I went into the army when I was 23. I was put into a regiment and soon found out our general was Amal. He recognised me straight away and to my relief he wasn’t mad at me. I told him how awful I felt about treating him that way and I never did it again. It was when I was out of the base that it happened. I was on a holiday back at home with my parents when the news came on. It said that my base had been bombed and that there had been no survivors. I knew immediately that Amal was dead. I didn’t talk to anyone for days, I just couldn’t convince myself that I wasn’t dreaming. It has now been 3 years since that day and I’m still not sure if this is a dream, but if it is, it’s not my childhood dream.
Let’s talk about markets. All over the globe I have visited markets and shops where bargaining skills are the maker or breaker of the outcome. But I have to admit that I am really rubbish in some people’s eyes here. I see something I like and ask the price. I may dabble in a bit of a haggle, but ultimately I know that I can afford it and rightly or wrongly assume that I am a richer person, so after a desultory haggle end up paying way over the odds for the said item. It doesn’t bother me particularly.
But when it comes to marketing skills, Tash and my brother Paul make me look like my beloved Aldershot Town playing against Man. United in the FA cup (we lost 4-1 at home). They even had special commemorative tee-shirts printed for that one. But that is a side issue. Back to markets. Tash is determined and hard, telling the seller exactly how much he or she is ripping us off and is quite prepared to start to walk away. She has even been known to reduce the sellers to bad-tempered pleas of, “You’re killing me,” even teary emotional eyes, followed by a price much closer to the locals’ rate than I could ever hope to achieve. It is all done with a smile.
Paul is in a league of his own. It is sort of like the Monty Python of marketing approaches. He will have the seller in stitches and offering a reasonable price whilst laughing like a drain. The market just over the Zambian side of Mosi-oa-Tunya (the Smoke that Thunders, or Victoria Falls) was a great example.
After a few days exploring the Zambezi and the Falls from Zimbabwe we crossed the bridge into Zambia. At the time, border guards were concerned to ensure that there were no entry or exit stamps from South Africa in your passport, sometimes at gun-point. They did so quite aggressively. The border sign into Zambia was tagged with the words “Zambia – the friendly country.” Then there were the currency rules which stipulated that you could only take a tiny amount of Zimbo dollars out of the country. We had to hide currency in our socks. The Falls sent an incessant drizzle on to the bridge at this time of the year but if you could get across then you were rewarded by the experience of standing with your toes in the Zambezi a few yards from the precipice where the mighty river tumbles down over 100 metres into the narrow gorge. This is over twice the height of Niagara Falls. On the Zambian side, you could cross a footbridge over to an island above the cascade. You could not even see the far end of the bridge which was obscured by the spray. The river splits into a multitude of channels some 1700 metres wide before forming an incredible curtain of water, throwing spray up to 800 metres skywards, being visible from nearly 40 km away. It is big. You got very wet even crossing the bridge into Zambia. On a full moon you can even see lunar rainbows against the big, starry, African sky.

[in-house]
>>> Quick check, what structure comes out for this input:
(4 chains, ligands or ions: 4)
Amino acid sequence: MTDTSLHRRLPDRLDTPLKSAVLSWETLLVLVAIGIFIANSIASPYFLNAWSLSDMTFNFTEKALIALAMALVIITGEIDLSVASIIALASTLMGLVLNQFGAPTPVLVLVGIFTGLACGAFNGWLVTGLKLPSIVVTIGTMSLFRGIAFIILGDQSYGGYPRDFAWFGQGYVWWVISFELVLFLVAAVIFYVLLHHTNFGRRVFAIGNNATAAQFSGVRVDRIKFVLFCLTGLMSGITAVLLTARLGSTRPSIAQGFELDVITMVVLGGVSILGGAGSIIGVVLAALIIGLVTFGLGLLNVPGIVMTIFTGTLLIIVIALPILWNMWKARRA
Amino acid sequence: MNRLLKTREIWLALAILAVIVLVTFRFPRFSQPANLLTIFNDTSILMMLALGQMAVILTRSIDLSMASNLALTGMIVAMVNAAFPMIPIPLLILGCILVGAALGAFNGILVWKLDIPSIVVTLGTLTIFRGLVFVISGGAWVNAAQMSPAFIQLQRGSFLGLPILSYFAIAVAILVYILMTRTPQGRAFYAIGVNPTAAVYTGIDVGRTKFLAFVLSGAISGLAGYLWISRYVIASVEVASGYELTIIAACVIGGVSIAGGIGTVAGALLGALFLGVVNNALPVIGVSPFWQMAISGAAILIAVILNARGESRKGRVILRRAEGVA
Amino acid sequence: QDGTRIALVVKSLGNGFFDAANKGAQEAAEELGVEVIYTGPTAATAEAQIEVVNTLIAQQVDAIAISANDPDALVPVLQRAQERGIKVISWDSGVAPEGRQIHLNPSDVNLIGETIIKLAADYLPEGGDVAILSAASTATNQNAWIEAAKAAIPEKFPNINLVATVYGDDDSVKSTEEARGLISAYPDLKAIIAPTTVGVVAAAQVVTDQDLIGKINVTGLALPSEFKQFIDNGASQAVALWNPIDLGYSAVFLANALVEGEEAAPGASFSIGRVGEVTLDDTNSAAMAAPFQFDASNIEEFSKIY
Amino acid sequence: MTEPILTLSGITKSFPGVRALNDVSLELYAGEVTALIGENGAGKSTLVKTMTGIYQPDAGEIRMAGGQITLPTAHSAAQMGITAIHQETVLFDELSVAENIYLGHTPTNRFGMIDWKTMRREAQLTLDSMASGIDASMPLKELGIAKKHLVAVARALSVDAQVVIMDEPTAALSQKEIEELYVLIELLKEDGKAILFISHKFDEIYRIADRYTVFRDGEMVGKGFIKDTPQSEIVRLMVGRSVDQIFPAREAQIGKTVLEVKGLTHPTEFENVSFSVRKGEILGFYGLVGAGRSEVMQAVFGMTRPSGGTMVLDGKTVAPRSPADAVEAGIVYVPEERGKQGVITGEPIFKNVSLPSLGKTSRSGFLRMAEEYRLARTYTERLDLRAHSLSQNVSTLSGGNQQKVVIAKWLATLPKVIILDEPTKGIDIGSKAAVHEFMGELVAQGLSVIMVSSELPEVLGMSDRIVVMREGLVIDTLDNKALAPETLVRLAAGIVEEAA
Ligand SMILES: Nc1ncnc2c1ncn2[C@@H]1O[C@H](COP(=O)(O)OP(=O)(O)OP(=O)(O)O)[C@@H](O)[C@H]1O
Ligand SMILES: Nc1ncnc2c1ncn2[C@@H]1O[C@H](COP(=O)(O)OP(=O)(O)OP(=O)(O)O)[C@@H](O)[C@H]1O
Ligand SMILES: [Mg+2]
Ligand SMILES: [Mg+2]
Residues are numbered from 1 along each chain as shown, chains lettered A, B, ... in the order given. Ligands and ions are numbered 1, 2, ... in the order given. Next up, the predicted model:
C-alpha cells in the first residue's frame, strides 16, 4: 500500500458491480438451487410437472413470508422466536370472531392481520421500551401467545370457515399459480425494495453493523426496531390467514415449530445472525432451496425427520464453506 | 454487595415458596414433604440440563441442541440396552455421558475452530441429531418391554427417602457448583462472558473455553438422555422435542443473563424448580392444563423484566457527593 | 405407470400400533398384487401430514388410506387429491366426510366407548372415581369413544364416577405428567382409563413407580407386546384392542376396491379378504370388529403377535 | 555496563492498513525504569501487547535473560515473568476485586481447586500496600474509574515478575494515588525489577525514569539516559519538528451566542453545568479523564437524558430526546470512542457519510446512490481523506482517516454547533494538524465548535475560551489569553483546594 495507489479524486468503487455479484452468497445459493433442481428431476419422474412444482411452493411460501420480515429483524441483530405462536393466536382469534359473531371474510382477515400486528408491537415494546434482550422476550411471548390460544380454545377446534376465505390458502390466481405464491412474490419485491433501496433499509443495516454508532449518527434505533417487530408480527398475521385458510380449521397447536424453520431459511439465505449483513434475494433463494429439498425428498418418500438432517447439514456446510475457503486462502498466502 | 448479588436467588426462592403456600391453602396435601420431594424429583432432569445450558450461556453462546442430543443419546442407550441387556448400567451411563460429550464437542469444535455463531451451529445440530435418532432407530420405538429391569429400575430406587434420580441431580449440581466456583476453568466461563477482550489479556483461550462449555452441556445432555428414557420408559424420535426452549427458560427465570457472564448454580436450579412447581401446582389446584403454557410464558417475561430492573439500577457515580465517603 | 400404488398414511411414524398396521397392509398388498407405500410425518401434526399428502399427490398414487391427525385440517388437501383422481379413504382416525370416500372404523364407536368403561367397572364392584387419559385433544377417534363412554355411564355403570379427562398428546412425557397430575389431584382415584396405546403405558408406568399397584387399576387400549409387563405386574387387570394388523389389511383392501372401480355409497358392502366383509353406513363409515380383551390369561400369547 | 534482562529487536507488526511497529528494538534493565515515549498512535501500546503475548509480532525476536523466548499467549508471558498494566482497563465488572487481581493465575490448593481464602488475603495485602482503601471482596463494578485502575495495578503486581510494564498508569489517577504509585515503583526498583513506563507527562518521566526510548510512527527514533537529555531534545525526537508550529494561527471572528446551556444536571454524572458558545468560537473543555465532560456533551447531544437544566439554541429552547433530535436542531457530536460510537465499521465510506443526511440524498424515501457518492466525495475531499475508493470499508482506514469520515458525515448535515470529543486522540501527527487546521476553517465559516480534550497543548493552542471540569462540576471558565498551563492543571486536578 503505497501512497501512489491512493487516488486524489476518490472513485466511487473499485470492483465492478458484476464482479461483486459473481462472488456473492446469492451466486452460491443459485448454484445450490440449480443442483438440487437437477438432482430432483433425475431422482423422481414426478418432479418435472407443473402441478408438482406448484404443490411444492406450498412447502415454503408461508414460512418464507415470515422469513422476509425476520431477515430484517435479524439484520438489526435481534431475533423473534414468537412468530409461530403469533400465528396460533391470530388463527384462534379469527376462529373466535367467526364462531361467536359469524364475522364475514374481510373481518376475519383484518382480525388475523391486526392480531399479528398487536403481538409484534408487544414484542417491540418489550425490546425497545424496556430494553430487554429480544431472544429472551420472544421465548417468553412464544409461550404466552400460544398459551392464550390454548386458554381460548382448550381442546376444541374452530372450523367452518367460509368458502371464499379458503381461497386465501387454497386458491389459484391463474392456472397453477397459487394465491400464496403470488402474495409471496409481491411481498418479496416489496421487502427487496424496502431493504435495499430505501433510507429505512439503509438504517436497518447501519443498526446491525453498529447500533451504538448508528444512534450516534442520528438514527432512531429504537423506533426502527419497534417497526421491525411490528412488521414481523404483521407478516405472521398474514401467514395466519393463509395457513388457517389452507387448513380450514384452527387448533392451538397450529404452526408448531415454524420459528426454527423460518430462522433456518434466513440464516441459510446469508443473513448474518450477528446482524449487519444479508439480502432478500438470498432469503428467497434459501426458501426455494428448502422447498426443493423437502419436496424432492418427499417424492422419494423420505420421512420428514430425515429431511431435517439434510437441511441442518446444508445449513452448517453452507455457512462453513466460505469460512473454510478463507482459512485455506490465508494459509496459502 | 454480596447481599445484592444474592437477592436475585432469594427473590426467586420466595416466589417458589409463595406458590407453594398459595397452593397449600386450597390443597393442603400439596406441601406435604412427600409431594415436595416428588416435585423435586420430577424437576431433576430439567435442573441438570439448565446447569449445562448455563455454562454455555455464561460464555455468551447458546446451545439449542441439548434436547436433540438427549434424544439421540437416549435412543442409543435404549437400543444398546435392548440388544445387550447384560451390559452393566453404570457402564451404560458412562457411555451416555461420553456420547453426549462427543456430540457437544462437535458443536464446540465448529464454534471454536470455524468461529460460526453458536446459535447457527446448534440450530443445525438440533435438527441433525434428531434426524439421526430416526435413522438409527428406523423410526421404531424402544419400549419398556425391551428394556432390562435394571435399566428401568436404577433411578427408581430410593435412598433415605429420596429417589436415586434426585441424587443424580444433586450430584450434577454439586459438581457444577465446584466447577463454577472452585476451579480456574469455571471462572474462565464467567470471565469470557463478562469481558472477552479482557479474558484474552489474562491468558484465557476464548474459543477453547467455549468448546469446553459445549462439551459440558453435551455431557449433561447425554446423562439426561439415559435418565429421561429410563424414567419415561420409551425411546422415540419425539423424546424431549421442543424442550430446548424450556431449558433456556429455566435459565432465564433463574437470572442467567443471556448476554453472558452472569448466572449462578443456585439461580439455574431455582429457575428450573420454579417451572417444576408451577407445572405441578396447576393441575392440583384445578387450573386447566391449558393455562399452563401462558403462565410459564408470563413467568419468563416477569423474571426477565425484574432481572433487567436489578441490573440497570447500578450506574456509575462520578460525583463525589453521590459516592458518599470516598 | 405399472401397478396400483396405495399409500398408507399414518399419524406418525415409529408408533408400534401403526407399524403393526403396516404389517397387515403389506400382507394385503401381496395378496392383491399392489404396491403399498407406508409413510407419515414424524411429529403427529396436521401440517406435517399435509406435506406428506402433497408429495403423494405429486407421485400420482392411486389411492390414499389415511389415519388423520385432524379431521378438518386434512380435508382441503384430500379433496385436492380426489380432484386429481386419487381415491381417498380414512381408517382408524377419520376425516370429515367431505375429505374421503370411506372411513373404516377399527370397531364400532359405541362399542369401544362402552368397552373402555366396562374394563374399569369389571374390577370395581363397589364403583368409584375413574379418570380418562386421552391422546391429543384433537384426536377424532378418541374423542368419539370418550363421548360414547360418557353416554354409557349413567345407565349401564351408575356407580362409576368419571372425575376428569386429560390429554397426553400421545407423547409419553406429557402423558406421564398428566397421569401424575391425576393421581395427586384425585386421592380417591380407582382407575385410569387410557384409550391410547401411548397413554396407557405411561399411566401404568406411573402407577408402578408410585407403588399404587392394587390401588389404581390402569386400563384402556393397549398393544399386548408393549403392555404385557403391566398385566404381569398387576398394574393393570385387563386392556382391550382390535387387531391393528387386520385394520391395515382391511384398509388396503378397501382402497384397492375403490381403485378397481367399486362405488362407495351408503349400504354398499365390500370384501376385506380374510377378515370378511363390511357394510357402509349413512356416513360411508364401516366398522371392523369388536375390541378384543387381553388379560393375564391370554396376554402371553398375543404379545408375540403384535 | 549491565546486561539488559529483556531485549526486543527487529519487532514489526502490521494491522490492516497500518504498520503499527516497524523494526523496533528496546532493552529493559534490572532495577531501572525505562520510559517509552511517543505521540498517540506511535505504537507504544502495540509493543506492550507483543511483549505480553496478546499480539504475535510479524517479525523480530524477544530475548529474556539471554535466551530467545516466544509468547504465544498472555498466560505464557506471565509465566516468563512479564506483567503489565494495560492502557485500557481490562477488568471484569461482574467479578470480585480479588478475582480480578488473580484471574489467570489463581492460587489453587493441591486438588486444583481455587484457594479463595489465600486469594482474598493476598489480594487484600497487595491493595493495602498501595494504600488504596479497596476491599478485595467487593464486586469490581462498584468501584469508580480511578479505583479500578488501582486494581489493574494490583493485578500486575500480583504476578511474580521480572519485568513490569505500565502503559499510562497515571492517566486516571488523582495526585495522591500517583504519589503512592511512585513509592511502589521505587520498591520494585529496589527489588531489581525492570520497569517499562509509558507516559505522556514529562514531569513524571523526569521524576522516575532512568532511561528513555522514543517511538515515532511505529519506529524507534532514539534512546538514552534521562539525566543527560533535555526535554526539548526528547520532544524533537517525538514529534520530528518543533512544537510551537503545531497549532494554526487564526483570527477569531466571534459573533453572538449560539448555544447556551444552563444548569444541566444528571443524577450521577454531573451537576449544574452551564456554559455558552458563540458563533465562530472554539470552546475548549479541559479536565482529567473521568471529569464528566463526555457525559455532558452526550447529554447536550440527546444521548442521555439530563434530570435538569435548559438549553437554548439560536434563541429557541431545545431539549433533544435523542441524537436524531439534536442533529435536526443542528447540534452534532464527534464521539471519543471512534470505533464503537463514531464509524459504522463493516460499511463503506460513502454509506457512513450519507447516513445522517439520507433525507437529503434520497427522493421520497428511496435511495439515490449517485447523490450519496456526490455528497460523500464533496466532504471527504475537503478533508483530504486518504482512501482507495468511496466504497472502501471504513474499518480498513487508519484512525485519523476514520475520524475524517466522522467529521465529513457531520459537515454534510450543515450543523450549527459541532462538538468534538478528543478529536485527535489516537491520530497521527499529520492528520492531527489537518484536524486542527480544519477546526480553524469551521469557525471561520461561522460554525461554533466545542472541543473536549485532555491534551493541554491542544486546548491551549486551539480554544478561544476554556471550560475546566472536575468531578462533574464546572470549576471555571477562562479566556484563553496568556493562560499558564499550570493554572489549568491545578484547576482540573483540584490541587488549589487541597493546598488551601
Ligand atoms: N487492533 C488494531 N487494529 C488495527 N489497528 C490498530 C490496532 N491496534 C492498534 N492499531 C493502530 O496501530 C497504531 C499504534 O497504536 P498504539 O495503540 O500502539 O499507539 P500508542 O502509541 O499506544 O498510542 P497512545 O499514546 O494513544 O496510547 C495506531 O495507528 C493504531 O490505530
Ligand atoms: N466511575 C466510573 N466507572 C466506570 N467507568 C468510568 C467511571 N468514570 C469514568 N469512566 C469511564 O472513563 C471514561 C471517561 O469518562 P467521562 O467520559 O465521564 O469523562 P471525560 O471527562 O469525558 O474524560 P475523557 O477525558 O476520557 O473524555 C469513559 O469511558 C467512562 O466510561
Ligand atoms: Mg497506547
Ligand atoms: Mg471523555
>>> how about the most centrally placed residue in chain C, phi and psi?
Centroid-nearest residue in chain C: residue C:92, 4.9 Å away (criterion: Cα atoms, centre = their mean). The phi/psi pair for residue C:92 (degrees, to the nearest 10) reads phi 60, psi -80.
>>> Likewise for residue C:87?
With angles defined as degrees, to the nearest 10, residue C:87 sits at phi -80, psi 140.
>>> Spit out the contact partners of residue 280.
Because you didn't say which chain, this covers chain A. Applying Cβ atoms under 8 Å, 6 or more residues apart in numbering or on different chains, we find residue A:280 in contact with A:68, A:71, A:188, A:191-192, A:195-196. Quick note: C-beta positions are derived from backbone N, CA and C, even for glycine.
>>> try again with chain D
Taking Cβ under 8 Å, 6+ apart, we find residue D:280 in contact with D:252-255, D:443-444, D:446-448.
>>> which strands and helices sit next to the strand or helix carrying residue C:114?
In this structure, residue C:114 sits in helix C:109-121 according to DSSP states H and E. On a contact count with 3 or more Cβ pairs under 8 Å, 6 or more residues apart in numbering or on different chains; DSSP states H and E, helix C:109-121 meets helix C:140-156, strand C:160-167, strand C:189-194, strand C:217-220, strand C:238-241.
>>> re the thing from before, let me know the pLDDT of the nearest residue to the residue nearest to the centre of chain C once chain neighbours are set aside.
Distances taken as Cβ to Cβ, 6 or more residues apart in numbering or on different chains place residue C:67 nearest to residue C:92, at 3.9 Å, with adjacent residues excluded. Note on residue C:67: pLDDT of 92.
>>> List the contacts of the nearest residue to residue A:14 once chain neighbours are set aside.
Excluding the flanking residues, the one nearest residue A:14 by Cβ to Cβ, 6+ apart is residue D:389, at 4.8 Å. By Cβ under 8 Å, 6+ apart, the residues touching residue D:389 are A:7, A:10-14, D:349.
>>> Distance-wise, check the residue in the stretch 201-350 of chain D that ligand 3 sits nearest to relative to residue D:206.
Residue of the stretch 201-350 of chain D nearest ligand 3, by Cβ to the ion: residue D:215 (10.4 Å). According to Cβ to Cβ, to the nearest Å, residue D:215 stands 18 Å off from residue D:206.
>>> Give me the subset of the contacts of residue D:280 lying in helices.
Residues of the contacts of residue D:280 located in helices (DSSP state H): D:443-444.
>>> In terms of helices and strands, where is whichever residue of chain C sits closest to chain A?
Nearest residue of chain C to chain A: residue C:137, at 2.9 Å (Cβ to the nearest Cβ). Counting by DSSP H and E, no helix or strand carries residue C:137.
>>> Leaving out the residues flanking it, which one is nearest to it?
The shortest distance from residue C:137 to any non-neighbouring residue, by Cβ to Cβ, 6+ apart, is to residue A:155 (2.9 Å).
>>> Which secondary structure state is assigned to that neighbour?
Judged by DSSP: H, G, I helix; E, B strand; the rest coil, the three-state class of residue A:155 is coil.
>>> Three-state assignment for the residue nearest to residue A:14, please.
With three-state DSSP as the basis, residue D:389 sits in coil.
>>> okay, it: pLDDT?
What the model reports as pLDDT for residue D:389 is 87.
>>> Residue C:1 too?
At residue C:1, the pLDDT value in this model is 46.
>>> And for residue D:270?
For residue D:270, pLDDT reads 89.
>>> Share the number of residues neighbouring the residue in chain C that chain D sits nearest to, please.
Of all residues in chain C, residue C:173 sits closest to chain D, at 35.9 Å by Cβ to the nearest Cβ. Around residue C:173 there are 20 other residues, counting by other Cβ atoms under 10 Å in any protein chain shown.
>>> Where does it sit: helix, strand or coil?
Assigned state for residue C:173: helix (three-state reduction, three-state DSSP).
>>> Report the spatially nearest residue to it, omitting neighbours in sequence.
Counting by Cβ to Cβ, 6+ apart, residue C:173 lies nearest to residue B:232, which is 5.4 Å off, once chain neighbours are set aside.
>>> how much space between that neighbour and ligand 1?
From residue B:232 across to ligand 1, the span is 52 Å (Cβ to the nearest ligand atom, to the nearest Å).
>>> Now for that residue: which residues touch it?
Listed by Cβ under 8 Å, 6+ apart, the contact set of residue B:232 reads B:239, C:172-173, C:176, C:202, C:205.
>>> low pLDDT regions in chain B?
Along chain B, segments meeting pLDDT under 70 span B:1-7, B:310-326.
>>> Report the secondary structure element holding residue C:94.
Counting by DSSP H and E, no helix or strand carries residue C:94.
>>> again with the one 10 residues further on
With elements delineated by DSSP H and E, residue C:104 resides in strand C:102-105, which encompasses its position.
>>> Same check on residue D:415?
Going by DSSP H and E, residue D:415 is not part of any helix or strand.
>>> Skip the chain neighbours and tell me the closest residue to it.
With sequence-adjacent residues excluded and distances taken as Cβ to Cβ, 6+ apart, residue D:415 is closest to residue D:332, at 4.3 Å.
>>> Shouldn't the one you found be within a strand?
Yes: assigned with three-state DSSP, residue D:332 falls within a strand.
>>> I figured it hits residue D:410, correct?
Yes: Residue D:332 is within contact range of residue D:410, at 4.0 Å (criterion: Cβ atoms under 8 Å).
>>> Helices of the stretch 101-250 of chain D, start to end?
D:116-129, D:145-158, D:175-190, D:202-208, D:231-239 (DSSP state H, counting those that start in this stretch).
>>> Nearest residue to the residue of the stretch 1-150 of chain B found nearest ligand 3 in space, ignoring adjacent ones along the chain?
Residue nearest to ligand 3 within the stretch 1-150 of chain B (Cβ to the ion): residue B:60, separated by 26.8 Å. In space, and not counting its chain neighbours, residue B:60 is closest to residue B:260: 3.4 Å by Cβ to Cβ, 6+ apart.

In Zimbabwe I had fallen in love with marimbas. I can never forget the trio we saw on the Zimbabwean side. One had a kind of wooden sound which reminded me of steel drums, the second wafted in and out like a pan-pipe, whilst the third thumped out a bass-line like a tuba. Sometimes all would drop out except a single, quirky timber note, but a fraction of a second after the foot-tapping would expect. Then another would interrupt with a crazy hammering, working up to a crescendo. A second or so of absolute silence except for the night insects who take the sound-stage for a moment followed and then back into the melody they started with. Try listening to that on the banks of the Zambezi, watching lizards climbing up the telegraph poles in the middle of the tables overlooking the lazy, upstream river and enjoying a beer and tell me you are not moved!
Apologies, I have gone off again, we must get back to the market. We were first greeted by hopeful money changers, desperate for any hard currency. These included the border guards. A young boy limping along, one-legged with the aid of a single crutch, with a practised expression of pain, pleads for hard currency. Bystanders are eyeing our bags. Tobacco, biros or tee-shirts are all items which are suggested as “currency” in transactions. Any currency is acceptable.
“I’ll give you five Zimbabwe dollars and ten (Zambian) kwacha,” my brother is saying. The man shakes his head.
“You must give me 25 dollars.”
“You give me 25 dollars and I give you a present.” He holds up a kidney bean necklace.
“I’ll give you five dollars, ten kwacha and four Botswanan Pula.” The man is shaking his head again. It is not clear whether he is refusing or trying to work out the exchange rates.
“But I’m giving you a free picture of Kenneth Kuanda,” declares Paul, holding out the Kwacha for the man to see. Criticising their president is certainly not a wise move here. But my brother is smiling. Several of the other curio-sellers within earshot burst out laughing. Amidst the hilarity the deal is struck. The ladies in our group manage to avoid taking off their tee-shirts to throw into other proposed transactions. Then Paul comes up with what I can only describe as a silly but naughty look on his face. “Happy Birthday, brother,” he declares, holding out a marimba. It had cost him ten Zimbo Dollars, a biro and his David Gower cricket hat.
Perhaps these sorts of markets and his time in a very poorly paid VSO posting in Zimbabwe were what honed his bargaining skills. I don’t know. But I do know that I have a way to go to get to that level.